In empirical terms, it doesn’t matter what anybody claims is theoretically possible: wind energy is growing rapidly while nuclear is going backwards. That’s reality……..
Pragmatic reality limits nuclear generation growth mostly to China and India because they both are existing nuclear powers and both have vast disparity between demand and supply so will pay a premium for expensive nuclear energy. Similarly, refurbishing reactors in the developed world often makes economic sense. But there are a lot of other factors also hindering nuclear growth that don’t apply to renewables. http://www.forbes.com/sites/quora/2014/08/22/which-is-more-scalable-nuclear-energy-or-wind-energy/
Tokyo Press Conference: Gov’t is committing crimes against humanity; Fukushima children living in war zone and can’t leave — Childhood cancer developing much faster than Chernobyl; Rate now 14 times higher — Parent: “I’m revealing the reality of what’s going on… it’s only way to get rid of the criminals” (VIDEO) http://enenews.com/tokyo-press-conference-officials-committing-crimes-against-humanity-fukushima-children-living-war-zone-evacuate-childhood-cancer-developing-faster-chernobyl-rate-14-times-higher-parent-im-reveal?utm_source=feedburner&utm_medium=e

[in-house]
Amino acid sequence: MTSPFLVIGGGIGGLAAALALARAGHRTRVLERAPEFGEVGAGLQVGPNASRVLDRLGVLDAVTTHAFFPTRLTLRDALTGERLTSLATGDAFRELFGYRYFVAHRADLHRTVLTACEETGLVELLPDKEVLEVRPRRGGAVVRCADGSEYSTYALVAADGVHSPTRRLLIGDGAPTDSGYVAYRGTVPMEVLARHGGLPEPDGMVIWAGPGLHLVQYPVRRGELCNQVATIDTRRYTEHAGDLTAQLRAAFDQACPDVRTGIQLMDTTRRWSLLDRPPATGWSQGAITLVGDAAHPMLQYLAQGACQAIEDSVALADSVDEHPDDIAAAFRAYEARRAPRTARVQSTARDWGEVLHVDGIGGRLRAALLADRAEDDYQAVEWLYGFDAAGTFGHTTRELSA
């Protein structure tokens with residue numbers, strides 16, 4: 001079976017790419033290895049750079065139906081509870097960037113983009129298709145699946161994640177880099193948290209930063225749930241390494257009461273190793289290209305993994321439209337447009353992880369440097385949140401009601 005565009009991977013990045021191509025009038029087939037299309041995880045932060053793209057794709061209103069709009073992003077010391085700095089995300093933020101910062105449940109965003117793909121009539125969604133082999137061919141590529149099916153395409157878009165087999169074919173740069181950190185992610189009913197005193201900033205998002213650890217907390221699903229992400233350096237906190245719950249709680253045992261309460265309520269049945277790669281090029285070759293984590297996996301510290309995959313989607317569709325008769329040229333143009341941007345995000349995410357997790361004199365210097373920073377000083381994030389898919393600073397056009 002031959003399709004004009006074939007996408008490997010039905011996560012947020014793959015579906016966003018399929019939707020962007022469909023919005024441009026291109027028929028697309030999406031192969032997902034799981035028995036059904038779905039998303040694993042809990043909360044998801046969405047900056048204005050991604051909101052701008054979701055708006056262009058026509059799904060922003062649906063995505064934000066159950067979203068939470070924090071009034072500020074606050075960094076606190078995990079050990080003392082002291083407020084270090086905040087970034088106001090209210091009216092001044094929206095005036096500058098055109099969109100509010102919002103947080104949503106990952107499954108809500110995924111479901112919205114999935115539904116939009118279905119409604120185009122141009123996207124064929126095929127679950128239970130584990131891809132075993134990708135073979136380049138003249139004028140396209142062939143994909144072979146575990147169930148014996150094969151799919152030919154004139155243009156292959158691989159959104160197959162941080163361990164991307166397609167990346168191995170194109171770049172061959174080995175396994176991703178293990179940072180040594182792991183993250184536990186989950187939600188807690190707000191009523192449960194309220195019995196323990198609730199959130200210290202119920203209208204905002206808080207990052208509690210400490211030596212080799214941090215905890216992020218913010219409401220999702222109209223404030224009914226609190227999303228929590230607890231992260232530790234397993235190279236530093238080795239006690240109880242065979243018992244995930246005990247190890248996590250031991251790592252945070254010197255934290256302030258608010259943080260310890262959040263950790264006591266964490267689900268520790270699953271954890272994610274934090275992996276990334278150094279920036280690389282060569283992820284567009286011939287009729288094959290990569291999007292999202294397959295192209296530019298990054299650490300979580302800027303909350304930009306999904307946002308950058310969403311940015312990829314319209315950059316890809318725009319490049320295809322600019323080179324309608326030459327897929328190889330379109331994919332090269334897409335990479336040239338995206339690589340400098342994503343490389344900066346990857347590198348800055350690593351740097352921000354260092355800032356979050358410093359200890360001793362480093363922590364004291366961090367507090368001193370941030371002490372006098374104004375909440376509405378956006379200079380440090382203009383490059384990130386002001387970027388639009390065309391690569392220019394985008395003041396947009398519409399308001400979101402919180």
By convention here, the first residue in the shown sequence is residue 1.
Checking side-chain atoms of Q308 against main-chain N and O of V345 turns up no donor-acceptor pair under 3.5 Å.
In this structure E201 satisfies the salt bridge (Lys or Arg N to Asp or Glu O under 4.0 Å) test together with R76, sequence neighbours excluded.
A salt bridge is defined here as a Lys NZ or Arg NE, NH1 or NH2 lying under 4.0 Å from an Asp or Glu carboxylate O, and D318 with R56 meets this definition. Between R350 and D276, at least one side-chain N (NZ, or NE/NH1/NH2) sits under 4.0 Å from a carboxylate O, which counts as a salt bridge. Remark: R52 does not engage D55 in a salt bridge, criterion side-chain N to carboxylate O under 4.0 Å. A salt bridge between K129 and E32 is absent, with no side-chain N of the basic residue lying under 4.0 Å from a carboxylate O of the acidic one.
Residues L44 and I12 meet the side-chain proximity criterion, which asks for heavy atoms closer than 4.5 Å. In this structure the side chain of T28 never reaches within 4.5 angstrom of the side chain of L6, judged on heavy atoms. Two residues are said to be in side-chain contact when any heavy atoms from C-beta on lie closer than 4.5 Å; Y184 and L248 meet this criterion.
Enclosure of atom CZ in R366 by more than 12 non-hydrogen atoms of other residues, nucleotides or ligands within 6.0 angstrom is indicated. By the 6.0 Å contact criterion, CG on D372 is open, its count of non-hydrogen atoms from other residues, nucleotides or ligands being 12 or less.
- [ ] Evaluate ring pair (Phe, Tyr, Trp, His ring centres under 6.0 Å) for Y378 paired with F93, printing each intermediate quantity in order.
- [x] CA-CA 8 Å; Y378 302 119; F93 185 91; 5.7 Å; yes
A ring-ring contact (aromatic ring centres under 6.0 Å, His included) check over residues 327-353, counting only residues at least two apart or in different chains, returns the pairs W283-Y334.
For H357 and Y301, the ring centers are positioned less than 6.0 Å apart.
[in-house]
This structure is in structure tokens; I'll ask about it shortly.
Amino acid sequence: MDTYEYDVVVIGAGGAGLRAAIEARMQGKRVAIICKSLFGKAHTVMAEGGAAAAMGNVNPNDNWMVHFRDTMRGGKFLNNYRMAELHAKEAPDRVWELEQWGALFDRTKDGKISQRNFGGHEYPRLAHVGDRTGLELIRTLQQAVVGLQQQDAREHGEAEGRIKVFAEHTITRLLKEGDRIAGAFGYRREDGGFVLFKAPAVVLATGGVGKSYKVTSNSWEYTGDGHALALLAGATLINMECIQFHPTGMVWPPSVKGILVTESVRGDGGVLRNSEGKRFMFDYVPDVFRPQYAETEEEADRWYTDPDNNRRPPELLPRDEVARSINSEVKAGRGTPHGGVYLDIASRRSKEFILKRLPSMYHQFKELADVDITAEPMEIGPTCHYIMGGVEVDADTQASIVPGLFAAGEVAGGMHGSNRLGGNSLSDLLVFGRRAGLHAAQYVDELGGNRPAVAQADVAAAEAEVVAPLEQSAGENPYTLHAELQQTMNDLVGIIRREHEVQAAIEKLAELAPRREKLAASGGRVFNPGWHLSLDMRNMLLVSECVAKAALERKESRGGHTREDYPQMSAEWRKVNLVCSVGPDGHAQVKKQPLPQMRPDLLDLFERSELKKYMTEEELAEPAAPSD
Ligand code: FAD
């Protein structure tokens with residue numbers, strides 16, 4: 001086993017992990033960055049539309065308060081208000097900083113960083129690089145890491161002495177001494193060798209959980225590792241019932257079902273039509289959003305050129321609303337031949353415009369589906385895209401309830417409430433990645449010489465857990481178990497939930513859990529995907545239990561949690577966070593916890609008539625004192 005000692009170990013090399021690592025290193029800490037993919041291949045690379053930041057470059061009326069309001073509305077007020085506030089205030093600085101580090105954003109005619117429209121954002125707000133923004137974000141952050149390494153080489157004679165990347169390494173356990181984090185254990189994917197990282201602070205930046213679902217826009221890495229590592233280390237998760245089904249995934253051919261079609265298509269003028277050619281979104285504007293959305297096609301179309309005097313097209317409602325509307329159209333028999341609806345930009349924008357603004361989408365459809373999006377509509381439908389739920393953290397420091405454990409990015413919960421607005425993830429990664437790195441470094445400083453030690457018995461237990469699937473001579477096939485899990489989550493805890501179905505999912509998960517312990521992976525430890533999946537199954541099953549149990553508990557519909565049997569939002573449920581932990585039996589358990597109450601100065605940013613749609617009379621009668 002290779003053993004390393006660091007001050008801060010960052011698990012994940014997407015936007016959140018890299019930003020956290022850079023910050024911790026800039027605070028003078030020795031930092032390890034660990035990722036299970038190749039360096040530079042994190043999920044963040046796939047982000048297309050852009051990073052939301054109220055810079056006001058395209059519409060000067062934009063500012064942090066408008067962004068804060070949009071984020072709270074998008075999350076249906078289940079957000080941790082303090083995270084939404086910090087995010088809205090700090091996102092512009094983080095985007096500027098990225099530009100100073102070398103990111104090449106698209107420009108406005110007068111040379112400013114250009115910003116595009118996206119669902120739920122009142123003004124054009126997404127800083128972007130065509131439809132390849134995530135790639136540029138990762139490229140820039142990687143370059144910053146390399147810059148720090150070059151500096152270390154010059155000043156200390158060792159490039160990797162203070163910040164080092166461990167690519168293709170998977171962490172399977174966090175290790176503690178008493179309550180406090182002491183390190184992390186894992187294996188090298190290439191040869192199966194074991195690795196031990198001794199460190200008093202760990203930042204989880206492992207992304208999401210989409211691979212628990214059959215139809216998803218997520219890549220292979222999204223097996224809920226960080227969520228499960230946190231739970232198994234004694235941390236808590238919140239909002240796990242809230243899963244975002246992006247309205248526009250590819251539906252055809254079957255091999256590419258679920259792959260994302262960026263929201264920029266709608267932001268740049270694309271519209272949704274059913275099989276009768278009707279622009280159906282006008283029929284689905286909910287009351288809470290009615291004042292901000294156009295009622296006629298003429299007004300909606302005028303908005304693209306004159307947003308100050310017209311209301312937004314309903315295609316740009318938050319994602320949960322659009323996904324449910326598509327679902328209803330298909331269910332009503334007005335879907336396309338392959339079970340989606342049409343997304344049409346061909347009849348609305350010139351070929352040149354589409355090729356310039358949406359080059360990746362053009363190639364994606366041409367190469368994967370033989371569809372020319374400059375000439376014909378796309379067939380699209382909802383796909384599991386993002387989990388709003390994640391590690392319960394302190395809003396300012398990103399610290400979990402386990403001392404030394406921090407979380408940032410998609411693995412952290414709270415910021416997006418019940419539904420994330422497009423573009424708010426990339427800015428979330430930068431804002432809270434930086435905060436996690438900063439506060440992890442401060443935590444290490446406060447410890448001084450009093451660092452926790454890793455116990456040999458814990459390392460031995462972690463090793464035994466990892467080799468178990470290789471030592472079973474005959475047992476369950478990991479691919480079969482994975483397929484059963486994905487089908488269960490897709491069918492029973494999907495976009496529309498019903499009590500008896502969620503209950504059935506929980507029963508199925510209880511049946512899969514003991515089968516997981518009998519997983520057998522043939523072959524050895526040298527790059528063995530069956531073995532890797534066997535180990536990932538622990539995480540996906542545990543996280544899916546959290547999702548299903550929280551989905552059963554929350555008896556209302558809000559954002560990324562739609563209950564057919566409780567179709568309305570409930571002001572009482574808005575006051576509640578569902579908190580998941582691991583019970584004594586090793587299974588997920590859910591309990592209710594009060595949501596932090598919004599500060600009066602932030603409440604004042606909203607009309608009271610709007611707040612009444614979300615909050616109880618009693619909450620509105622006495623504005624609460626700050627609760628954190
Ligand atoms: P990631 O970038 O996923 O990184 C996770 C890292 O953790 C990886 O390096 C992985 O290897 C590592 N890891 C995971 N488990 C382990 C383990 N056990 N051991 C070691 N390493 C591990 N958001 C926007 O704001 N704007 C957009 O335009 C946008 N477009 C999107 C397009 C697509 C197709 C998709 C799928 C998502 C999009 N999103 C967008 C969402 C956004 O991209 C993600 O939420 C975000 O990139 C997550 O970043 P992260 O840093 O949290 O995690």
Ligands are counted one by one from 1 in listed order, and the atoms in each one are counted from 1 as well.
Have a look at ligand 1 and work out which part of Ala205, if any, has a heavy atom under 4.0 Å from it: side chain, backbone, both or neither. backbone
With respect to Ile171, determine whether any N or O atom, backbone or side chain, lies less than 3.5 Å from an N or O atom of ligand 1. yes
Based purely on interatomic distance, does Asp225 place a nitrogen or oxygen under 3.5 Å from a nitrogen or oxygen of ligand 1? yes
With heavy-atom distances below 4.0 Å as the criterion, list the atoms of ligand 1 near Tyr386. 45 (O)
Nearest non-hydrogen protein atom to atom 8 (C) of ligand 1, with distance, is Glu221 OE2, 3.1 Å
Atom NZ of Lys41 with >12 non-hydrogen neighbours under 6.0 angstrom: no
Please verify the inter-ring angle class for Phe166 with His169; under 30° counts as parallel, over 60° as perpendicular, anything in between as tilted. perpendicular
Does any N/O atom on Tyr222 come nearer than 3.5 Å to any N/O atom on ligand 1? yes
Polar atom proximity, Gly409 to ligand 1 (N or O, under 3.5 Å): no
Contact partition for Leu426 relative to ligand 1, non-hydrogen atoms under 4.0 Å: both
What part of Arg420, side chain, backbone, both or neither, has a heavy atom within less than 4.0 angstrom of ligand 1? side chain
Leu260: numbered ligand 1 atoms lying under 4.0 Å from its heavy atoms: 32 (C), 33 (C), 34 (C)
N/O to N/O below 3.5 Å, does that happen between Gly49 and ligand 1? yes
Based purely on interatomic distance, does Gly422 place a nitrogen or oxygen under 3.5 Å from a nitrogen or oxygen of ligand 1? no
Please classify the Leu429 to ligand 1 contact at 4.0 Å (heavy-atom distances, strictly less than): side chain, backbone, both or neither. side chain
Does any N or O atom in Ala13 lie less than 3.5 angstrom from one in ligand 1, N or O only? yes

Press Conference at The Foreign Correspondents’ Club of Japan, August 18, 2014:
Toshio Yanagihara, attorney representing Fukushima children and their parents
- 5:00 — Thyroid cases after Chernobyl in Belarus — comparing that with the present situation in Fukushima, [here] there’s 14 times [the rate] of children with thyroid cancer.
- 6:00 — Fukushima prefecture’s announced that the massive number of thorough screenings [is the reason why there's] more numbers of people with cancer — but we found that doubtful. In Fukushima prefecture, the west part of Fukushima compared to those areas that are closer to the nuclear power plant, there are about ¼ or even 1/5 the people who are found with thyroid cancer.